UCL Energy Institute


A systems paradigm for integrated building design


1 January 2014

This article points out a number of key failures of existing practice for building design and then promotes a new approach based upon advances made in the modelling of complex systems and systems engineering. This new approach involves the identification of building functions and modelling techniques to evaluate the performance of a building with respect to a range of criteria in different domains (e.g. spatial, structural, social, environmental, cognitive, organizational, and operational). A systems approach to building design has received limited acceptance to date but can be used to highlight inherent hierarchies and interdependencies between building subsystems, which have traditionally been viewed as being independent. There is currently little agreement as to how the design of different building subsystems should be best integrated in order to satisfy a large range of diverse building functions. Treating the building as a complex system, whereby the interaction of entities produces emergent behaviour that can be evaluated with respect to such building functions, can help to optimize building performance by considering how a change in one domain affects performance in another. The integrated approach described here increases potential added value through technological and information interoperability.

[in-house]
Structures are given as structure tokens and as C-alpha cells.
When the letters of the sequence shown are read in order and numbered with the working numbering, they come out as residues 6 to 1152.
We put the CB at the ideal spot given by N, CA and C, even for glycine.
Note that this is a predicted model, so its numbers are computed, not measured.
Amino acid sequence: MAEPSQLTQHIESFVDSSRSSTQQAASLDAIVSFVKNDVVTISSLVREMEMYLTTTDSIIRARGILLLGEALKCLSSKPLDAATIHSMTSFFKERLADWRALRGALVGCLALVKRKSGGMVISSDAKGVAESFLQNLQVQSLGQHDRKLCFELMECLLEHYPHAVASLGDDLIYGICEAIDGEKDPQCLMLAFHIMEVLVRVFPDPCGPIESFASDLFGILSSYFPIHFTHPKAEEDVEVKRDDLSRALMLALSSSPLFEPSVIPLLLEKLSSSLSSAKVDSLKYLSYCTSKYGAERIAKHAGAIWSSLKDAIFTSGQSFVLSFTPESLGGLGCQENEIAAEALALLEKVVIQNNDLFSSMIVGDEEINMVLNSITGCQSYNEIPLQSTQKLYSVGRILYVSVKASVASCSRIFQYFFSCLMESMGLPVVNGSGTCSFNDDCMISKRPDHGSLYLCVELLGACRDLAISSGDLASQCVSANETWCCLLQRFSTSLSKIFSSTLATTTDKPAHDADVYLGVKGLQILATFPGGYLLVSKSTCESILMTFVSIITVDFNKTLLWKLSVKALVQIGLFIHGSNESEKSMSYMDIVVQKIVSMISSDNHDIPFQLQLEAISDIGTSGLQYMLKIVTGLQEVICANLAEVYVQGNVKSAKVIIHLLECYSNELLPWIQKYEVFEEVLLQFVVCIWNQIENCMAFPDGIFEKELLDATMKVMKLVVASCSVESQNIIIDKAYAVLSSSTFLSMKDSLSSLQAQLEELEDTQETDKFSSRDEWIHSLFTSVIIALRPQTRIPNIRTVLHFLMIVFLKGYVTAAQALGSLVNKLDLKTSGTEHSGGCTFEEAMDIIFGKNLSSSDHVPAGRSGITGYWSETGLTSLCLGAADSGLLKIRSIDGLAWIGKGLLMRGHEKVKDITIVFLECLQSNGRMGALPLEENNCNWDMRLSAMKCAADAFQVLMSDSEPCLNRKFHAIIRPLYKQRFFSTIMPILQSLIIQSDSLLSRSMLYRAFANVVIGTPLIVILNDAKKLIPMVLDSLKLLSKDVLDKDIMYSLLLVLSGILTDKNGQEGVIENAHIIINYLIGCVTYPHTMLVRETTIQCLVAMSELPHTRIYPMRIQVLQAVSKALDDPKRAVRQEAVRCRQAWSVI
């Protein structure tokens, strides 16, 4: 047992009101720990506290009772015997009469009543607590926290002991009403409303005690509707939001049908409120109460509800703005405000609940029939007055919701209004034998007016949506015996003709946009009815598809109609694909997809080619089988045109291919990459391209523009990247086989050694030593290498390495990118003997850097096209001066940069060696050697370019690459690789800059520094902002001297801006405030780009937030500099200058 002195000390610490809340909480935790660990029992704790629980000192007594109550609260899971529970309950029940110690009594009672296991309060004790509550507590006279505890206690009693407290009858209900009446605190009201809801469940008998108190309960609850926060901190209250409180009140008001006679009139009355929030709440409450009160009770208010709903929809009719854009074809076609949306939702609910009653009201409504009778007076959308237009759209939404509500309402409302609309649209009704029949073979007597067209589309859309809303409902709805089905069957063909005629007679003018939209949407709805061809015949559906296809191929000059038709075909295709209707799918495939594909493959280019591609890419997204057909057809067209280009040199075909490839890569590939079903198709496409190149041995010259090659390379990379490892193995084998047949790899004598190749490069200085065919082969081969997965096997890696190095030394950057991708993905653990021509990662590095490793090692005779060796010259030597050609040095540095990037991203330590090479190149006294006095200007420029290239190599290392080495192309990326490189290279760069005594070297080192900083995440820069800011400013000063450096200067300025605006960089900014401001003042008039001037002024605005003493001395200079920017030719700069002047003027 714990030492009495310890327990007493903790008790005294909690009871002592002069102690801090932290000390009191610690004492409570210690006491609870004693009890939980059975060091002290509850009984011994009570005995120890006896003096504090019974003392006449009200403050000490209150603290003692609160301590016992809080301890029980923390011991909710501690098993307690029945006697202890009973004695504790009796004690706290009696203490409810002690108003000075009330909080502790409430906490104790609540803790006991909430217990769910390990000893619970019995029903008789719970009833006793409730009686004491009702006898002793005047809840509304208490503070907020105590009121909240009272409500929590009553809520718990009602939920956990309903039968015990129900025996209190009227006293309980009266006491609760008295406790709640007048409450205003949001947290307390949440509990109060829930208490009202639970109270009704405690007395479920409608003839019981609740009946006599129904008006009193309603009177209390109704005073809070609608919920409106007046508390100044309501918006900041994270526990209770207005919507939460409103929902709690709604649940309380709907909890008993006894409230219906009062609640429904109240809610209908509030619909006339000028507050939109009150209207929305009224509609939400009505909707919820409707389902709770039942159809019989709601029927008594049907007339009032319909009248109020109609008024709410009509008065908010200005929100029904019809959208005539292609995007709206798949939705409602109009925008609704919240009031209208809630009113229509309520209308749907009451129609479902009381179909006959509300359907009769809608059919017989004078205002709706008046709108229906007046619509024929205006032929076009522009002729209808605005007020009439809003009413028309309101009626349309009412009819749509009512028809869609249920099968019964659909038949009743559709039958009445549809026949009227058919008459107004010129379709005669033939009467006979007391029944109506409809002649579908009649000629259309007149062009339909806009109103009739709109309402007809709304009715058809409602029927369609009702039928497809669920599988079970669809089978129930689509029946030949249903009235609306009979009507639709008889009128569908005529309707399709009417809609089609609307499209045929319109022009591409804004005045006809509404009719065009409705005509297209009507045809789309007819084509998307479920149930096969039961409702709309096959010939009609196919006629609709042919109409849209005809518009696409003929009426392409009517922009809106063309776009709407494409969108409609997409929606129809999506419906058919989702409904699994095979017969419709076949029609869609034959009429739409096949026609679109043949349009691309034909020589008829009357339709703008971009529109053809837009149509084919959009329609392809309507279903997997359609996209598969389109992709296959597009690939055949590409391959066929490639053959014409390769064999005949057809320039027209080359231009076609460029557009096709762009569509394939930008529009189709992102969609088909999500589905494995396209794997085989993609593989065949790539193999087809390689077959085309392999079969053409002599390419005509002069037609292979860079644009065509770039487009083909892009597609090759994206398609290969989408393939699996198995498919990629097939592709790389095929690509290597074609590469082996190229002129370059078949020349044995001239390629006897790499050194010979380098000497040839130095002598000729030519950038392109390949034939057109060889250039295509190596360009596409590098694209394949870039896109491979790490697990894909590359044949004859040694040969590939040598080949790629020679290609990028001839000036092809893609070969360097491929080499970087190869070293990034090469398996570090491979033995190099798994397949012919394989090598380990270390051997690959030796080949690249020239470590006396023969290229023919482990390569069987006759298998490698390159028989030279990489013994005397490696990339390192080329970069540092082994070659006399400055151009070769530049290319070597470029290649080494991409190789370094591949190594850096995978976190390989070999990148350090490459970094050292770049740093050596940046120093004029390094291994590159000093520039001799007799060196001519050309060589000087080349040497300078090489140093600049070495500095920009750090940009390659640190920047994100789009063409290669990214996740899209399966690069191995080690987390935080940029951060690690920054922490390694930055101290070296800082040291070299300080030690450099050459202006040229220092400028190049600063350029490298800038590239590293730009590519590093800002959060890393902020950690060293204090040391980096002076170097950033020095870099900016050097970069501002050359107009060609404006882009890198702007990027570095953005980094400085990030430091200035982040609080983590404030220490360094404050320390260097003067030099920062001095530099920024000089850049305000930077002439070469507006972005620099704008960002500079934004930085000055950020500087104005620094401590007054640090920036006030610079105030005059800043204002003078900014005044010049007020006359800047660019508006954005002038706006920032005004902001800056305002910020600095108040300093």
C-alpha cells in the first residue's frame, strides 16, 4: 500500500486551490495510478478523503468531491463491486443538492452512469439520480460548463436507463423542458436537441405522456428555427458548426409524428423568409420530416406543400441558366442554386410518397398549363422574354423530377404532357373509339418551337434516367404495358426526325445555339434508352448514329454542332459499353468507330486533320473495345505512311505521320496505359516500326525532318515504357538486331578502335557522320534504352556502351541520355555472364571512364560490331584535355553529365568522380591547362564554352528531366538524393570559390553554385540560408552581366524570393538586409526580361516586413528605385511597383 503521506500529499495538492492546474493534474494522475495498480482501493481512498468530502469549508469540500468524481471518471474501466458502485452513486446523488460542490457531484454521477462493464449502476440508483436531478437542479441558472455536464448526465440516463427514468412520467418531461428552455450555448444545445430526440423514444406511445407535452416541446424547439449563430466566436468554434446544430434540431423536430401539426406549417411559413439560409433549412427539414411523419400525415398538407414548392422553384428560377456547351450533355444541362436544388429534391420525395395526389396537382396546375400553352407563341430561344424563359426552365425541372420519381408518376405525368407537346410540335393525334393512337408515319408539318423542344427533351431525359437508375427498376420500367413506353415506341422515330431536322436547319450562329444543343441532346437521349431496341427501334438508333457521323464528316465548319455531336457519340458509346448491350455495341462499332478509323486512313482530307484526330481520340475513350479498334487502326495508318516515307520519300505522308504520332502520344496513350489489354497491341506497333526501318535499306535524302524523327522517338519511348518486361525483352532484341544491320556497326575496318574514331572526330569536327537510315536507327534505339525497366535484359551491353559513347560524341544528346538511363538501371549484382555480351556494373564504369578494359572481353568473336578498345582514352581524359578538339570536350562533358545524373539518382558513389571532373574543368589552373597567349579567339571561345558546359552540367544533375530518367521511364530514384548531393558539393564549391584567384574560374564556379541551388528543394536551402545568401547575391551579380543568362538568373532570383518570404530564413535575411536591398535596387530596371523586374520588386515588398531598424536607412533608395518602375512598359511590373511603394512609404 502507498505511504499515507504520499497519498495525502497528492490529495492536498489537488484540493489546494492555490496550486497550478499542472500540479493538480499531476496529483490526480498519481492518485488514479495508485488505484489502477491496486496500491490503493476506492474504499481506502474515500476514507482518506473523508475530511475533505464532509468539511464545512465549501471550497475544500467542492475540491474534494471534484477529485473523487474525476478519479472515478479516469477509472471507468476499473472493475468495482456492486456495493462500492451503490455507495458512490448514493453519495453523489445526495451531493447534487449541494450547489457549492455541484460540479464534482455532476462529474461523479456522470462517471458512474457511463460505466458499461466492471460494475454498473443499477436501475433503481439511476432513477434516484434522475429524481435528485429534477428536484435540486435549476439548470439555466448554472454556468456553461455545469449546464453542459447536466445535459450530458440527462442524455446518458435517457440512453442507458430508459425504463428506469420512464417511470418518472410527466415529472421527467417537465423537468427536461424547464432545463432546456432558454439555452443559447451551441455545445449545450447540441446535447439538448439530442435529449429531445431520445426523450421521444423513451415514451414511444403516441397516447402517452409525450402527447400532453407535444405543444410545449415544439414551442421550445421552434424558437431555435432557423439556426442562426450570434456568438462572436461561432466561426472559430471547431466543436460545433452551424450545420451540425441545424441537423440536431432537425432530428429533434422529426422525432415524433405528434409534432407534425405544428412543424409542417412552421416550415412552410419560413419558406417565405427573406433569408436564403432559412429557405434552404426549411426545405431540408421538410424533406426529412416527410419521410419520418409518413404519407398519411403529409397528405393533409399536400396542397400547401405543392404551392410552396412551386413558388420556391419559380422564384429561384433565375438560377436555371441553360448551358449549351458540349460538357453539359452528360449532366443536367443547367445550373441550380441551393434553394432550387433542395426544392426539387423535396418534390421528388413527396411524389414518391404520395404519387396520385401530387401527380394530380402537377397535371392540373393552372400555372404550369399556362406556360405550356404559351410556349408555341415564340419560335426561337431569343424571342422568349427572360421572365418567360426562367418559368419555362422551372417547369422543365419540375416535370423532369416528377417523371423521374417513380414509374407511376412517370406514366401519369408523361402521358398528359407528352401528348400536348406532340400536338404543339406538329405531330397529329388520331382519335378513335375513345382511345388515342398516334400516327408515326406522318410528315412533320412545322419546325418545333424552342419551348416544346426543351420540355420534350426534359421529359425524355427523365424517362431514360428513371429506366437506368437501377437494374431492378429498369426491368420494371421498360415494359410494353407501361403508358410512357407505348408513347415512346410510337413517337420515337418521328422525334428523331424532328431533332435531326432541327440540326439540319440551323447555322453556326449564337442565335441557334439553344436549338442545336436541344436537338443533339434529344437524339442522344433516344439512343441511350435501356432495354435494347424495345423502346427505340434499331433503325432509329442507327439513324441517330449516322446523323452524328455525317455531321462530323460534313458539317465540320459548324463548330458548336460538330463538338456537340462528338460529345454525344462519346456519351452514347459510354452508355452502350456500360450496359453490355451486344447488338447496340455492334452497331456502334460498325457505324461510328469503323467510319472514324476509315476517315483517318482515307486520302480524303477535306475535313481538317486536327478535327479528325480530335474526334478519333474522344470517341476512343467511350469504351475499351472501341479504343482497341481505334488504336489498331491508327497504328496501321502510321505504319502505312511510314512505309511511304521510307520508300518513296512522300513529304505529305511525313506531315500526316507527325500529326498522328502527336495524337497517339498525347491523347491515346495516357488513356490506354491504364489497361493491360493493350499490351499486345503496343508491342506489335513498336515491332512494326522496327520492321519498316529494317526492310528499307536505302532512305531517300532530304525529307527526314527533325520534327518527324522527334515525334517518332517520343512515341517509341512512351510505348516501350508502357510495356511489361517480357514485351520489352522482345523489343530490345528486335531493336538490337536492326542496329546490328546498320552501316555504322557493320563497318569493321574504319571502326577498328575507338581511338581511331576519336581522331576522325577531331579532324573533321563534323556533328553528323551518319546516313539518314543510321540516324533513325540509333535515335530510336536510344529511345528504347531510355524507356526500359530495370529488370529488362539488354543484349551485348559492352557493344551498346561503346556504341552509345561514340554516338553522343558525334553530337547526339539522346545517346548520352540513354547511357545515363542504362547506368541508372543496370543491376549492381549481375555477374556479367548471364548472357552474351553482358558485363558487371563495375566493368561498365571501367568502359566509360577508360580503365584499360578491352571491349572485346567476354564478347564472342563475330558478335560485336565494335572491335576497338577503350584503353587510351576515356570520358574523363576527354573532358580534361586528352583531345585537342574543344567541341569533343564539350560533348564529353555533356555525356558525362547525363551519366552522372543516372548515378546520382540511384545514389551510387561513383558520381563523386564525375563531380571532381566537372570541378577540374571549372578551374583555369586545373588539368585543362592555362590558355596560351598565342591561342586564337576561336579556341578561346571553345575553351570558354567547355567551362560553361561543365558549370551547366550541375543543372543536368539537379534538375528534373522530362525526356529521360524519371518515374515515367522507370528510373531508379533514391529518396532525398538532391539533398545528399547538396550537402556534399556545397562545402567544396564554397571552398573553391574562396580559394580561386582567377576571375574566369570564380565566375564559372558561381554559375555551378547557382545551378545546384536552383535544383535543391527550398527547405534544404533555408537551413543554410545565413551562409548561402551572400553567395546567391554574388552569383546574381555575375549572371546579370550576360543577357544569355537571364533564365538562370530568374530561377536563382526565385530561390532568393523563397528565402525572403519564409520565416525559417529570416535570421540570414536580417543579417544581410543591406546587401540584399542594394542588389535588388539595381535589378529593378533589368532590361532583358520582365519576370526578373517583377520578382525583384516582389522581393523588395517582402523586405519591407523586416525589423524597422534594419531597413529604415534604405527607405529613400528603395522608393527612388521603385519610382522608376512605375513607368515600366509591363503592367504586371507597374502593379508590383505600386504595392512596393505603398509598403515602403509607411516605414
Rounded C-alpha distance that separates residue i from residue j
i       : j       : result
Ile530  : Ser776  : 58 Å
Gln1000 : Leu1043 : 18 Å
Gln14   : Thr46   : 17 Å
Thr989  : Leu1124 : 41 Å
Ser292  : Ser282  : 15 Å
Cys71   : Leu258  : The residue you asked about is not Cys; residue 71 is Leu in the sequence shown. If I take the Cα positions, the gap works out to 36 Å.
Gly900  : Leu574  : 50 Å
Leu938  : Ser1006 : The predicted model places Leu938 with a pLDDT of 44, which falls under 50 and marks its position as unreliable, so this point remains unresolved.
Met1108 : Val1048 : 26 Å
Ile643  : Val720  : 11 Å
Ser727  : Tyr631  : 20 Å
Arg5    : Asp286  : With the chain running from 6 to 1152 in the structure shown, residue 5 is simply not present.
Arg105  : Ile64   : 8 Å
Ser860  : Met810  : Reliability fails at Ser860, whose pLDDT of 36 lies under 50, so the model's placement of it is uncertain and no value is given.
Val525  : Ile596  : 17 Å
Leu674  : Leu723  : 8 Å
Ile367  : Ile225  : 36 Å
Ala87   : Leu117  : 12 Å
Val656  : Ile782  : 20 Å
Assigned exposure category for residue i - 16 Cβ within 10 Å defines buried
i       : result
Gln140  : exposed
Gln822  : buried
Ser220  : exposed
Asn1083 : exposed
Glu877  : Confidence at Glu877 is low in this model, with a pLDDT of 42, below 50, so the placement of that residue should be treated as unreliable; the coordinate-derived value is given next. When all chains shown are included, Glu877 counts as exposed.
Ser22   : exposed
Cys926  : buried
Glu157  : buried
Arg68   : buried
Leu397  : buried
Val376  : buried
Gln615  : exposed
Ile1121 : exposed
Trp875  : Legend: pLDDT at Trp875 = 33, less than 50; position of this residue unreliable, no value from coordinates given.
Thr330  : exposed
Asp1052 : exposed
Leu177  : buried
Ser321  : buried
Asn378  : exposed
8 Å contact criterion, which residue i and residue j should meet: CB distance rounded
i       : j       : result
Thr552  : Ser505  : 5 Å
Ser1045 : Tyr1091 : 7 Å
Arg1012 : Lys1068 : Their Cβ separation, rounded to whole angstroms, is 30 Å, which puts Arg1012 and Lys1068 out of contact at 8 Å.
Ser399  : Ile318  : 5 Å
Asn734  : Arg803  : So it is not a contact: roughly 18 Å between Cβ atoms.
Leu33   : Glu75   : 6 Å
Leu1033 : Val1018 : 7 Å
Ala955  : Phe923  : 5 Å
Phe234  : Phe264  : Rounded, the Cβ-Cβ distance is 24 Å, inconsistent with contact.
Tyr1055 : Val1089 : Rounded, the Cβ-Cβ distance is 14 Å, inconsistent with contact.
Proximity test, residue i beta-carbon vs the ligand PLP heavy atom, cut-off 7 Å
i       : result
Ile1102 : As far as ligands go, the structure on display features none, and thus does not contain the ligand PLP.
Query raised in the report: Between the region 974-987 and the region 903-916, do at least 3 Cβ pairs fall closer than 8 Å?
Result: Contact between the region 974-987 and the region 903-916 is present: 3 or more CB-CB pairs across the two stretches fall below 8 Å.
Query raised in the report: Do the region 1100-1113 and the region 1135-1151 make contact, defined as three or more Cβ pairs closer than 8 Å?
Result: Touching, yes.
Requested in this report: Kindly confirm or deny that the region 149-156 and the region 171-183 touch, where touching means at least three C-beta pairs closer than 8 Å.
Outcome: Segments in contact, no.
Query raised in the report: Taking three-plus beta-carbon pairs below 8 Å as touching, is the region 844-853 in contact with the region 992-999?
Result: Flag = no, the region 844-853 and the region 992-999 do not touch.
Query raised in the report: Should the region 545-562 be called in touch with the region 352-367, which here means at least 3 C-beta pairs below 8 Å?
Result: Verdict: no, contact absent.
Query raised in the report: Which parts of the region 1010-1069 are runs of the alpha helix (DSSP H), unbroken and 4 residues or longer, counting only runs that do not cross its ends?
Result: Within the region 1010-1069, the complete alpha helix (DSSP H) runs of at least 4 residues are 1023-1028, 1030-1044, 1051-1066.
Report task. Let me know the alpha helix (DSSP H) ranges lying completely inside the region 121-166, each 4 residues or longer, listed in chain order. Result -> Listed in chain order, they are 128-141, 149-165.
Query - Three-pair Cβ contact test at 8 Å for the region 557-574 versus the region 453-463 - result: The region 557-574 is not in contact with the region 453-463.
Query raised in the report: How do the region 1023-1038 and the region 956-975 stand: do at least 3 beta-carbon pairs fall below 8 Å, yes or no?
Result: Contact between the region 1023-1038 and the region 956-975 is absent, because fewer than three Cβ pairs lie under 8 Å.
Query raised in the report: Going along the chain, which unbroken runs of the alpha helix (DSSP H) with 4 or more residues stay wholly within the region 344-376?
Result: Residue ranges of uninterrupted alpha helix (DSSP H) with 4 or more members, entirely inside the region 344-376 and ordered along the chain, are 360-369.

A systems paradigm for integrated building design. Intelligent Buildings International, 6 (4), 201-214. 

Baudains, P., Bishop, S., Duffour, P., Marjanovic-Halburd, L., Psarra, S., Spataru, C. (2014)

The full text of this article is not available through UCL Discovery.